By: Grady Stuckman, Franciscan University of Steubenville
“Congress shall make no law respecting an establishment of religion, or prohibiting the free exercise thereof; or abridging the freedom of speech, or of the press; or the right of the people peaceably to assemble, and to petition the Government for a redress of grievances.”
The above text is the text of the First Amendment to the U.S. Constitution, which most people simply reduce to describing with the phrase “separation of Church and state.” Hearing this phrase often is troublesome to American Catholics, given a history of anti-Catholicism in this country. However, the society the First Amendment presents us with can indeed be a nation where Catholicism can thrive, if one looks at the teachings of the Church.
It first must be clarified that the Church does not endorse one form of government over the other, deeming governments to be by nature morally neutral. This implies that a government is only good or bad insofar as it acts, and so its goodness and evilness is measured by whether the citizens are given an opportunity in which virtue may thrive. Here, some Catholics do take a hardline approach called “integralism,” a view that obliges the secular government to directly provide for the religious and moral good of its citizens. This would require it to establish Catholicism as a state religion and possibly implement censorship. While such a society would be the ideal, it would only be truly respectful of human freedom within a country almost entirely composed of Catholic citizens.
St. Thomas Aquinas affirms this when he notes that coercive power is not how one ought to submit to the true faith. Explaining the proper function of the civil power, he notes that “Wherefore human laws do not forbid all vices, from which the virtuous abstain, but only the more grievous vices, from which it is possible for the majority to abstain; and chiefly those that are to the hurt of others, without the prohibition of which human society could not be maintained: thus human law prohibits murder, theft and such like.” (Summa Theologica I-II.96.2)
In a nation in which Catholics are not the predominant demographic (and arguably a minority), a paradigm of Church and state called the “two perfect societies” view is acceptable. In this view, Church and state both provide for the moral good of the people, but in distinct categories. The state administers temporal goods, which are the goods pertaining to the continued existence of persons, such as physical security and basic education. The Church administers spiritual goods, which are the goods pertaining to the soul and perfection in virtue, particularly expressed through the Sacraments, public prayer of the Church and her teaching in morals. Such a balance fits what Aquinas describes above.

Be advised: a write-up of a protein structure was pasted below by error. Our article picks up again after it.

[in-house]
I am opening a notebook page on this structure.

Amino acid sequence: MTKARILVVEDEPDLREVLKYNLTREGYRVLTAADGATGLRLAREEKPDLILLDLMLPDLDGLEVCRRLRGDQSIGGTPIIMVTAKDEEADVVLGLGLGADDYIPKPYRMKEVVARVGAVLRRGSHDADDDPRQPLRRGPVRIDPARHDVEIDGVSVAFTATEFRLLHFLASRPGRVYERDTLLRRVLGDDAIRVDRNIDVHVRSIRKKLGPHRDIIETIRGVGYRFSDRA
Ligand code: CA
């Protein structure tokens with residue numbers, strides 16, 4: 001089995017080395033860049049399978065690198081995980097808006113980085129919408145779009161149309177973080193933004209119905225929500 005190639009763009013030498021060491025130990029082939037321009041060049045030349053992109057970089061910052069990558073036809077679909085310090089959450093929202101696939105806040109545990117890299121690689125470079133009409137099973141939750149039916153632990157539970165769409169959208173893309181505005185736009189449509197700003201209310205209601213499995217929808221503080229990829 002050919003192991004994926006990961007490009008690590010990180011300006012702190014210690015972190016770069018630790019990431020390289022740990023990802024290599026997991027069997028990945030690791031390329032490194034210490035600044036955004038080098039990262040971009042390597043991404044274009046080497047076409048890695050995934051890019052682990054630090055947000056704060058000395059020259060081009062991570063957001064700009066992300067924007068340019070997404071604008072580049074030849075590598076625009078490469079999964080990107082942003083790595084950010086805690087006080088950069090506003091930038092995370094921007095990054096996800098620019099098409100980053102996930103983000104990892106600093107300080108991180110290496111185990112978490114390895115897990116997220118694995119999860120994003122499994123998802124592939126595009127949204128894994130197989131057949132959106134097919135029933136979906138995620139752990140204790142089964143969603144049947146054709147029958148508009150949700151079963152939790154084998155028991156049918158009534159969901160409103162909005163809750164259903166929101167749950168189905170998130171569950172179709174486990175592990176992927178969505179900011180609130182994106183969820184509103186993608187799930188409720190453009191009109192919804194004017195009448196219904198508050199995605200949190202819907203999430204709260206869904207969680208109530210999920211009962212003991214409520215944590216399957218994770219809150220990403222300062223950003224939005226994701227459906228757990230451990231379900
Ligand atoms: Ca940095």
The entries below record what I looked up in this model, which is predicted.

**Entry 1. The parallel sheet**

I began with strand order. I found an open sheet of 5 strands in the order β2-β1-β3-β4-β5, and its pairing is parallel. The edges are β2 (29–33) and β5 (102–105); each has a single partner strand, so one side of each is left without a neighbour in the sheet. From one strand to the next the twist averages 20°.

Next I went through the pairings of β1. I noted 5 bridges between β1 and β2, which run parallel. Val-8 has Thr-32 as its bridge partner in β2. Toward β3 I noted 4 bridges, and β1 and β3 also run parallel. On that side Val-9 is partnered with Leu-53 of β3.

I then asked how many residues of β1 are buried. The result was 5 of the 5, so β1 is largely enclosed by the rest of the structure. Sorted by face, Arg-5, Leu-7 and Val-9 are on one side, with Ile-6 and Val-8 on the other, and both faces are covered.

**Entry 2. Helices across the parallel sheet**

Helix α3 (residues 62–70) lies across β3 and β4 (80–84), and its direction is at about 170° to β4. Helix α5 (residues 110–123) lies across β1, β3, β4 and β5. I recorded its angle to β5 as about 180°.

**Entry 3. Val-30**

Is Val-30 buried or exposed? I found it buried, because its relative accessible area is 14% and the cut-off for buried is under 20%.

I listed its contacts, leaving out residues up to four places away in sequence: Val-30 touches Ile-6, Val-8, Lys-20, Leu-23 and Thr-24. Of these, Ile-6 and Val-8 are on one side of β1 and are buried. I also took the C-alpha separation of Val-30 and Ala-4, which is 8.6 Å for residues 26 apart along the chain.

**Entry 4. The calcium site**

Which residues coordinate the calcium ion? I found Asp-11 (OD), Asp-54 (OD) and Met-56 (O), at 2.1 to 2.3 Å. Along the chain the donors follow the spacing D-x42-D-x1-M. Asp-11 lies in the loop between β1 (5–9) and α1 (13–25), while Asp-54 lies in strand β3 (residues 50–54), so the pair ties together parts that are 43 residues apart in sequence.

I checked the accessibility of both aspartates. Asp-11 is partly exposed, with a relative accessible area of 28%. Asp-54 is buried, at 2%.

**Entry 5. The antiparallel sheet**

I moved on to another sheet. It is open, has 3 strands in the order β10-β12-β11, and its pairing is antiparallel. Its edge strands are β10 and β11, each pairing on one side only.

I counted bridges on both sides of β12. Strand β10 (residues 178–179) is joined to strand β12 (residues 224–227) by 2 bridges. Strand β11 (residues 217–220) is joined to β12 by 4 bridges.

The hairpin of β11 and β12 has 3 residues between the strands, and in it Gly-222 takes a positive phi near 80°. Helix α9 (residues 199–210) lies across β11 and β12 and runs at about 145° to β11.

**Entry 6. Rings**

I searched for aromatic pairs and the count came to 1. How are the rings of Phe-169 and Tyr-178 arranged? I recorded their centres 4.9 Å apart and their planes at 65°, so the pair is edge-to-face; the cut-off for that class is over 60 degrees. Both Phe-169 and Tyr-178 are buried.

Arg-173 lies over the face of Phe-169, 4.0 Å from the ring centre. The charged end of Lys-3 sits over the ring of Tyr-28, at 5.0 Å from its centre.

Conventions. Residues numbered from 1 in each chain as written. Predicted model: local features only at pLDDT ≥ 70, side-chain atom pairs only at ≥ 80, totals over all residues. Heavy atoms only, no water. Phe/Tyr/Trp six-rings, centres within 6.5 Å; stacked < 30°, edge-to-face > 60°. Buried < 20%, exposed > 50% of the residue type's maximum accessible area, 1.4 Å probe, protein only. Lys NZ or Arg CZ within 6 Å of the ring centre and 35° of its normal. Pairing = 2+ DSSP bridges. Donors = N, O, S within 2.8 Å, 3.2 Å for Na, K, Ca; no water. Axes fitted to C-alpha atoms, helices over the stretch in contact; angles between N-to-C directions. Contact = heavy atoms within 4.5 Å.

While having different obligations towards the people, the goods that each institution offers never conflict (since they are truly good for the human person). With this dynamic, there is a real unity between Church and state in one sense: the whole human person is provided for at the end of the day. This is to say that the state ensures the basic functioning of society through coercive power, and makes room for the Church to fulfill her unique mission of bringing all people to unity with God. We turn our attention to the Free Exercise Clause of the First Amendment cited above, in which the state may not prevent the exercise of any religion, unless that religion prevents the state’s God-ordained mission to preserve social-political order. The true religion, of course, would never prevent that.
Let me reiterate that the state is not establishing one particular religion that all its people are bound by law to observe. Rather, the state is enforcing the universal natural law, or moral law, binding all persons that seek to protect the pursuit of basic goods (such as food, shelter, education, and access to leisure and cultural pursuits), while the Church enforces the divine, positive law aimed at the spiritual perfection of each man. As the Church is universal and thus transnational, she is not confined to one particular state, and God does not love one state above all others. Moreover, one can celebrate all that is good about his own country while still affirming all that is good in other cultures.
The state’s role in religion, according to Catholic teaching, is about creating an orderly society that is capable of receiving the wonderful gifts offered through and by the Church. I leave you with a quote from Alexis de Tocqueville, renowned nineteenth-century political commentator on America, about Catholics being well-disposed to public life in America: “American Catholic[s] have divided the intellectual world into two parts: in one they have placed revealed dogma which they obey without argument; in the other they have put political [that is, temporal] truth which they think God has abandoned to man’s free inquiry. Thus American Catholics are the most obedient believers and the most independent citizens.” (Democracy in America, New York: Penguin, 2003, 338).
Edited By: Ariel Hobbes